The 4C Standard is a pure business-to-business concept for the coffee supply chain, offering a sustainability baseline for producers from which they might step up towards more demanding sustainability standards. Conceptualized as a business-to-business standard and not as a consumer label, the 4C Association is of pre-competitive nature and does not provide a label to market 4C Compliant Coffee towards the final consumer on the coffee pack.

    Instead, 4C Industry Members may communicate their commitment and membership using a membership statement on coffee packs. The membership statement does not refer to the quality or quantity of roasted coffee inside but is a means for 4C Industry Members to emphasize their support of the 4C Sustainability Approach. Except on coffee packs, the logo of the 4C Association may be used widely in publications, websites, brochures etc.

    4C Units - The suppliers of 4C Compliant Coffee

    The 4C Association believes that sustainability is not in the hands of coffee farmers alone - all actors along the chain need to join forces to make sustainability happen. Therefore, 4C Verification is performed at the 4C Unit level and a 4C Unit may be established at any stage of the coffee chain, from producer / producers' groups to roaster level. 4C Units have to be located in producing countries. The managing entity of the 4C Unit assumes responsibility and coordinates the implementation of 4C with its individual suppliers. This mechanism actually allows the 4C Association to also address and include the manifold unorganised smallholders who would otherwise not have access to the market for sustainable coffee.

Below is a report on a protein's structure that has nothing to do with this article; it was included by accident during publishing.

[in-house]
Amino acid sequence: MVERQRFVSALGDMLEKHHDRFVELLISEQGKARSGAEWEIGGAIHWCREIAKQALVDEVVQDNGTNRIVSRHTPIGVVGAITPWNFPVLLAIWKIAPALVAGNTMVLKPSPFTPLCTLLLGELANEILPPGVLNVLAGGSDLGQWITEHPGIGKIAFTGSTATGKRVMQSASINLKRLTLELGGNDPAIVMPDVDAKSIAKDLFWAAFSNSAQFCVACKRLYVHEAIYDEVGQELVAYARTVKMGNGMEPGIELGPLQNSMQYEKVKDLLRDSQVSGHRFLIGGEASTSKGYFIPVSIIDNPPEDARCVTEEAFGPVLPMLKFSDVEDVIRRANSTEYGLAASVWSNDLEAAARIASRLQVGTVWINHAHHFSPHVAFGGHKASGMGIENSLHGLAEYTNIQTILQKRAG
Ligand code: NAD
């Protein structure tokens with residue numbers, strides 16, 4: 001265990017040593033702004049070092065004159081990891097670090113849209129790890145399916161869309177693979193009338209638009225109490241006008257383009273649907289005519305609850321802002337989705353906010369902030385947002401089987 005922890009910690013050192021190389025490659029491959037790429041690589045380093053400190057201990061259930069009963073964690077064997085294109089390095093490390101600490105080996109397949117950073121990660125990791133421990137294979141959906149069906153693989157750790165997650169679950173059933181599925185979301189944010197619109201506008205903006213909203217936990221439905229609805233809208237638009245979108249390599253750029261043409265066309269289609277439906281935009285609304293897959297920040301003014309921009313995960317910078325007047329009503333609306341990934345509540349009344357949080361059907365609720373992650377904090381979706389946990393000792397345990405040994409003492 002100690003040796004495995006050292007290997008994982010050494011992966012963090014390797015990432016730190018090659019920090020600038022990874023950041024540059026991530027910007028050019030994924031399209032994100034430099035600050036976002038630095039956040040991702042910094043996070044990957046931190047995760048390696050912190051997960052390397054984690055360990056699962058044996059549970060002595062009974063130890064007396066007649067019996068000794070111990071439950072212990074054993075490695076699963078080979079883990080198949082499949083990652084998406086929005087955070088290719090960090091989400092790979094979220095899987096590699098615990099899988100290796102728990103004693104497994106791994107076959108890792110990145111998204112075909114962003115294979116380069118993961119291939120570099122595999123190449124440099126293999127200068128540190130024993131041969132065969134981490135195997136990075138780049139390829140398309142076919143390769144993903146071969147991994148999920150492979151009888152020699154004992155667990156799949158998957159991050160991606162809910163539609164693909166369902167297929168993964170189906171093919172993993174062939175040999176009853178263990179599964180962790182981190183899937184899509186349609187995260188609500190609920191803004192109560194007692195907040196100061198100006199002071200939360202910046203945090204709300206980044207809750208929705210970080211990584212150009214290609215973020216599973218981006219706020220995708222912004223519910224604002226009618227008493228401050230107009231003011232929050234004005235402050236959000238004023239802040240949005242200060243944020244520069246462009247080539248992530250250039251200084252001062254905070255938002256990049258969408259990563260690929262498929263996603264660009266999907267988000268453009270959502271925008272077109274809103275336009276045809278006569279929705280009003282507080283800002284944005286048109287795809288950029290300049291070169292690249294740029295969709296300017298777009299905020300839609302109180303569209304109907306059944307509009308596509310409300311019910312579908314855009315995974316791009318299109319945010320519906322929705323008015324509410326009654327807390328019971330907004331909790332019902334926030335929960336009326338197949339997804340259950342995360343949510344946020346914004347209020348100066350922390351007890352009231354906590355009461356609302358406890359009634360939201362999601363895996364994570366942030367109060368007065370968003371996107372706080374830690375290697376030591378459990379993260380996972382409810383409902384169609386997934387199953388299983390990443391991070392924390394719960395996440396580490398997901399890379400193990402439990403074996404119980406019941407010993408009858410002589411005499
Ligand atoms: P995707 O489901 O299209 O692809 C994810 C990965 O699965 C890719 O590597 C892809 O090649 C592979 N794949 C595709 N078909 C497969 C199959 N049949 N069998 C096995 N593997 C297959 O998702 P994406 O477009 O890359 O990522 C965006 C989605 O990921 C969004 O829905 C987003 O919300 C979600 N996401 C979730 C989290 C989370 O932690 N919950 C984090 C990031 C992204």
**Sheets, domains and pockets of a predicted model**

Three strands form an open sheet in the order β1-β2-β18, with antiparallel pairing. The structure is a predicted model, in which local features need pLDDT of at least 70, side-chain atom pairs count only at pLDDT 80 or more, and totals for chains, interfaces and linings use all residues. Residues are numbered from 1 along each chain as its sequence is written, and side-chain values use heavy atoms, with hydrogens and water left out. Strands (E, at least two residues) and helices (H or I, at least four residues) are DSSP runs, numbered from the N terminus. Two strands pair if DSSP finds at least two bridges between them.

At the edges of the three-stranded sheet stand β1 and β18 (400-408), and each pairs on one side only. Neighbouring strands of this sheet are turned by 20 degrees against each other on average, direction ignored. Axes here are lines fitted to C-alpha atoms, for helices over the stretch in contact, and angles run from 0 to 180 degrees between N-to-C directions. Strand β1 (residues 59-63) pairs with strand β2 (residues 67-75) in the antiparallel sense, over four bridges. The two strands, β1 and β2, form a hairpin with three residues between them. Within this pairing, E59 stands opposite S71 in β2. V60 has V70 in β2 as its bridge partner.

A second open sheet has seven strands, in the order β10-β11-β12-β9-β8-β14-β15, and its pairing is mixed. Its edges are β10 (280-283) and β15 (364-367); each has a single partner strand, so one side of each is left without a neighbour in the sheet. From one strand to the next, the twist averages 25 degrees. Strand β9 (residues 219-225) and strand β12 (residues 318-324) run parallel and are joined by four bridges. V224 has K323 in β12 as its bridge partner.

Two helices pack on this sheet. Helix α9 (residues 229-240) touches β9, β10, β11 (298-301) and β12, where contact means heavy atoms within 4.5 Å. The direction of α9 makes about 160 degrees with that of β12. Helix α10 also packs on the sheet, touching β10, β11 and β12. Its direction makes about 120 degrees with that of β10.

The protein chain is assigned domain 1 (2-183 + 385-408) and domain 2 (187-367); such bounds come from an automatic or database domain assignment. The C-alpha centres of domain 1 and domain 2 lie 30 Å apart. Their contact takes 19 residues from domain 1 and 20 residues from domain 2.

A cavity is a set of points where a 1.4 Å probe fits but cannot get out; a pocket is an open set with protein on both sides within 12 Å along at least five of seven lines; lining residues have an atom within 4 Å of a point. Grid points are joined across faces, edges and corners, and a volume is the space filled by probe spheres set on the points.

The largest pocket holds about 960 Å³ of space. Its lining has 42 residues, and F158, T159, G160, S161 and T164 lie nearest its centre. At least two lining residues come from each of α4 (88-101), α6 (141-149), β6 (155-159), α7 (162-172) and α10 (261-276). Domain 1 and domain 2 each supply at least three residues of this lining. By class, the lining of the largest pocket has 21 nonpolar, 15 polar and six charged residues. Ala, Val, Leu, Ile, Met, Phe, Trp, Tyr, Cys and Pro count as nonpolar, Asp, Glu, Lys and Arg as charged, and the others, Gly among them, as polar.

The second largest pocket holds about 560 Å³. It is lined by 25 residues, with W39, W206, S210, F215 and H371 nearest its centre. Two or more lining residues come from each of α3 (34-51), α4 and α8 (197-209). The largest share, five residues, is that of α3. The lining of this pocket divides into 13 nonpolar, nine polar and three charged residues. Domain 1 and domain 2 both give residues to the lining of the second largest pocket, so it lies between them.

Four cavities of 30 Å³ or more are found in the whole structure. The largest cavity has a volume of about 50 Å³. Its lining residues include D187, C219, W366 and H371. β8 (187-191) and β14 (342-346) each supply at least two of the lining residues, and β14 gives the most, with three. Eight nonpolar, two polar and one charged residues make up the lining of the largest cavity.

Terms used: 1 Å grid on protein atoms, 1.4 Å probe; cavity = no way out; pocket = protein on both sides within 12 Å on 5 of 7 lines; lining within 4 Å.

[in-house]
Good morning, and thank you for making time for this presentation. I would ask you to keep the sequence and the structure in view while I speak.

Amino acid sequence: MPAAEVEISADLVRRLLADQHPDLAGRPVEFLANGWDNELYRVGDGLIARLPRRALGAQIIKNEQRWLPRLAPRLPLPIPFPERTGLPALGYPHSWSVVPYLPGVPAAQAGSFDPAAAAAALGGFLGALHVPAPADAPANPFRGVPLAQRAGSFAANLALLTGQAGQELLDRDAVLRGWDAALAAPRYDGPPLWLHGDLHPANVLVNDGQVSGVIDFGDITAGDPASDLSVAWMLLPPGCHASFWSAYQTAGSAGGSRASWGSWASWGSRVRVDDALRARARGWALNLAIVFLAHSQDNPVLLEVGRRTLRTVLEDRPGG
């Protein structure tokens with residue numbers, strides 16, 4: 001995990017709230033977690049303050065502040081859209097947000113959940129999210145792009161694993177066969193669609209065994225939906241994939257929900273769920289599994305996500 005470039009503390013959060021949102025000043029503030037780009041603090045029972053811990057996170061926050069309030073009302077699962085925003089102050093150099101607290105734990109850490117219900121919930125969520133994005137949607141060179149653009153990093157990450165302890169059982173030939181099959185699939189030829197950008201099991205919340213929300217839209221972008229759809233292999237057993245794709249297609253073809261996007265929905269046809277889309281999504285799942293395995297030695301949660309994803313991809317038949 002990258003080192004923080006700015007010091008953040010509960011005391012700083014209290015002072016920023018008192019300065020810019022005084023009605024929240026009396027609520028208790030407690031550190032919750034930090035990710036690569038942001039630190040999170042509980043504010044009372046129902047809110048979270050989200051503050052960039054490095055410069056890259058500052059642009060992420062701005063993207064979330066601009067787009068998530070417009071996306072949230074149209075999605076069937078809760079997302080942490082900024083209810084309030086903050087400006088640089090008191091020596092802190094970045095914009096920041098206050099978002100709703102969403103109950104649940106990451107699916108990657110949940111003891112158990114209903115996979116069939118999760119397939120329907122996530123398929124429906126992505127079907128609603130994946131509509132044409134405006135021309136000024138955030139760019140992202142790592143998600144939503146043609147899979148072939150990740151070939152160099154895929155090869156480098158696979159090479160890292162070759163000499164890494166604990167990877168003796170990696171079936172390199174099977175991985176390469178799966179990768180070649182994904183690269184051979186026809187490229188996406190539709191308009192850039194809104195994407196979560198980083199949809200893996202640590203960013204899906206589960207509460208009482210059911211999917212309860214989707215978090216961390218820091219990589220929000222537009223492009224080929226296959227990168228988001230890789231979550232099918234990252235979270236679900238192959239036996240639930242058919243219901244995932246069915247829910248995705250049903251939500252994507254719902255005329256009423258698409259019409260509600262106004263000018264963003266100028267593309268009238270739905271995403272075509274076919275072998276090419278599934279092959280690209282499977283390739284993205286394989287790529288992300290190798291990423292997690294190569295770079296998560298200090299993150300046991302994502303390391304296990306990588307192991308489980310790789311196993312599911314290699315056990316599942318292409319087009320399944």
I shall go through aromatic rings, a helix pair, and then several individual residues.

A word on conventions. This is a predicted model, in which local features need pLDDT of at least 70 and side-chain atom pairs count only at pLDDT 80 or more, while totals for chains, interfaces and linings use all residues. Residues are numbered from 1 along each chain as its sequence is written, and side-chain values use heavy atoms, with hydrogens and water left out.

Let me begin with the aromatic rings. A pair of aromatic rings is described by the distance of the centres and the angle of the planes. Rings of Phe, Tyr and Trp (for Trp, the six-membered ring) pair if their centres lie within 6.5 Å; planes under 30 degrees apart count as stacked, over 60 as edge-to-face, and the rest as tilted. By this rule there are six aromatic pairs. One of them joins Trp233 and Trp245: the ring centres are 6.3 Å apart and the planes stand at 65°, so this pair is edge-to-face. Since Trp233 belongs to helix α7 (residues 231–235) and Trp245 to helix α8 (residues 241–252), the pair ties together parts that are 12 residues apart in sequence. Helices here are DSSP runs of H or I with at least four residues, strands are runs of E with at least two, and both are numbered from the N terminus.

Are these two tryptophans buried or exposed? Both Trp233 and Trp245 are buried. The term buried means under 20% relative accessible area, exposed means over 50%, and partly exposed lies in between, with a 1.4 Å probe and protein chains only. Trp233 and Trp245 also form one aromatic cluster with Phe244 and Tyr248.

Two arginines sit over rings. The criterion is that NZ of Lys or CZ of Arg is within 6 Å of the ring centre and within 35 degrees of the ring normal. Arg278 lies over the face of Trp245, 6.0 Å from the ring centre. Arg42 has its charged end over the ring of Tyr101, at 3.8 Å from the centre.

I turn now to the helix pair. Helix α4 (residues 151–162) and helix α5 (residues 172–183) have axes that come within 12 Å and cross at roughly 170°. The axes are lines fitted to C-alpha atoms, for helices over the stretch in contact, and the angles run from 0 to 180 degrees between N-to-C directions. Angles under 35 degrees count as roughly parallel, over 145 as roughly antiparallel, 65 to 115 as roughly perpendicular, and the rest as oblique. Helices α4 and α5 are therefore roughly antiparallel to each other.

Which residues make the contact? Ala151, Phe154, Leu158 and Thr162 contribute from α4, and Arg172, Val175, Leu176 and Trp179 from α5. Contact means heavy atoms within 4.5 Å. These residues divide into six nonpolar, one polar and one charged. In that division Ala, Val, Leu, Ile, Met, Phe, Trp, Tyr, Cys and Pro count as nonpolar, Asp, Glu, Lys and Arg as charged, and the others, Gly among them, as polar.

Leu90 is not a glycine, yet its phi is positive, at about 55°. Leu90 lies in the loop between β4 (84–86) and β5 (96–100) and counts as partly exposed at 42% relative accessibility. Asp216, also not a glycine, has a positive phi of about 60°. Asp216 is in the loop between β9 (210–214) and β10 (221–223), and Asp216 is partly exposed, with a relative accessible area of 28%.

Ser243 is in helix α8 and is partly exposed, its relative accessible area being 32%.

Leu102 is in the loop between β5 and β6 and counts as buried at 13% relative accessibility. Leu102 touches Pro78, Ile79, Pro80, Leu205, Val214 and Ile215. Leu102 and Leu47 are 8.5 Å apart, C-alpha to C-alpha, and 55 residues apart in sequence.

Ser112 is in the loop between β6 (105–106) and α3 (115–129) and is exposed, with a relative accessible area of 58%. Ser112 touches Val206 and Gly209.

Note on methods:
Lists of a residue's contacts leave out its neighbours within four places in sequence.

The suppliers of 4C Compliant coffee

    4C Verification - the backbone of credibility for the 4C system

    In the 4C system, 4C Verification checks compliance against the baseline standard of 4C, consisting of 28 parameters that represent a mix of environmental, social and economic considerations. All defined 10 Unacceptable Practices must be excluded and at least a minimum level of compliance (called 'average yellow') is required within each dimension of sustainability to successfully pass verification. All 4C Verification is conducted by independent third party verification or certification organizations that have successfully participated in 4C Verifier Training and are accredited to ISO/Guide 65.

    4C and other standards - benchmarking benefits the coffee industry

    Being designed as a baseline standard for the mainstream sector, and therefore complementary to more demanding standards, the 4C Association aims at benchmarking with other standards in order to reduce the burden of multiple certification/verification for producers, whilst also directing its support services to those producers that are not certified.

    The first benchmarking was achieved with the Rainforest Alliance in mid-2008. The 4C Code of Conduct being a baseline standard, benchmarking with the Rainforest Alliance's Sustainable Agriculture Network (SAN) standard is non-reciprocal. This means that holders of the Rainforest Alliance Certificate may apply for a 4C License without additional costs or verification procedures, whereas 4C License holders need to step up to SAN standards in order to become Rainforest Alliance certified. Being 4C Compliant of course makes it easier for such growers to make the move upwards. As a result of the 2008 benchmarking exercise, 4C members holding Rainforest Alliance certification are now being offered an additional marketing window since they can sell any surplus production as 4C Compliant Coffee.

    4C Association at a glance
    - for more information visit www.4c-coffeeassociation.org.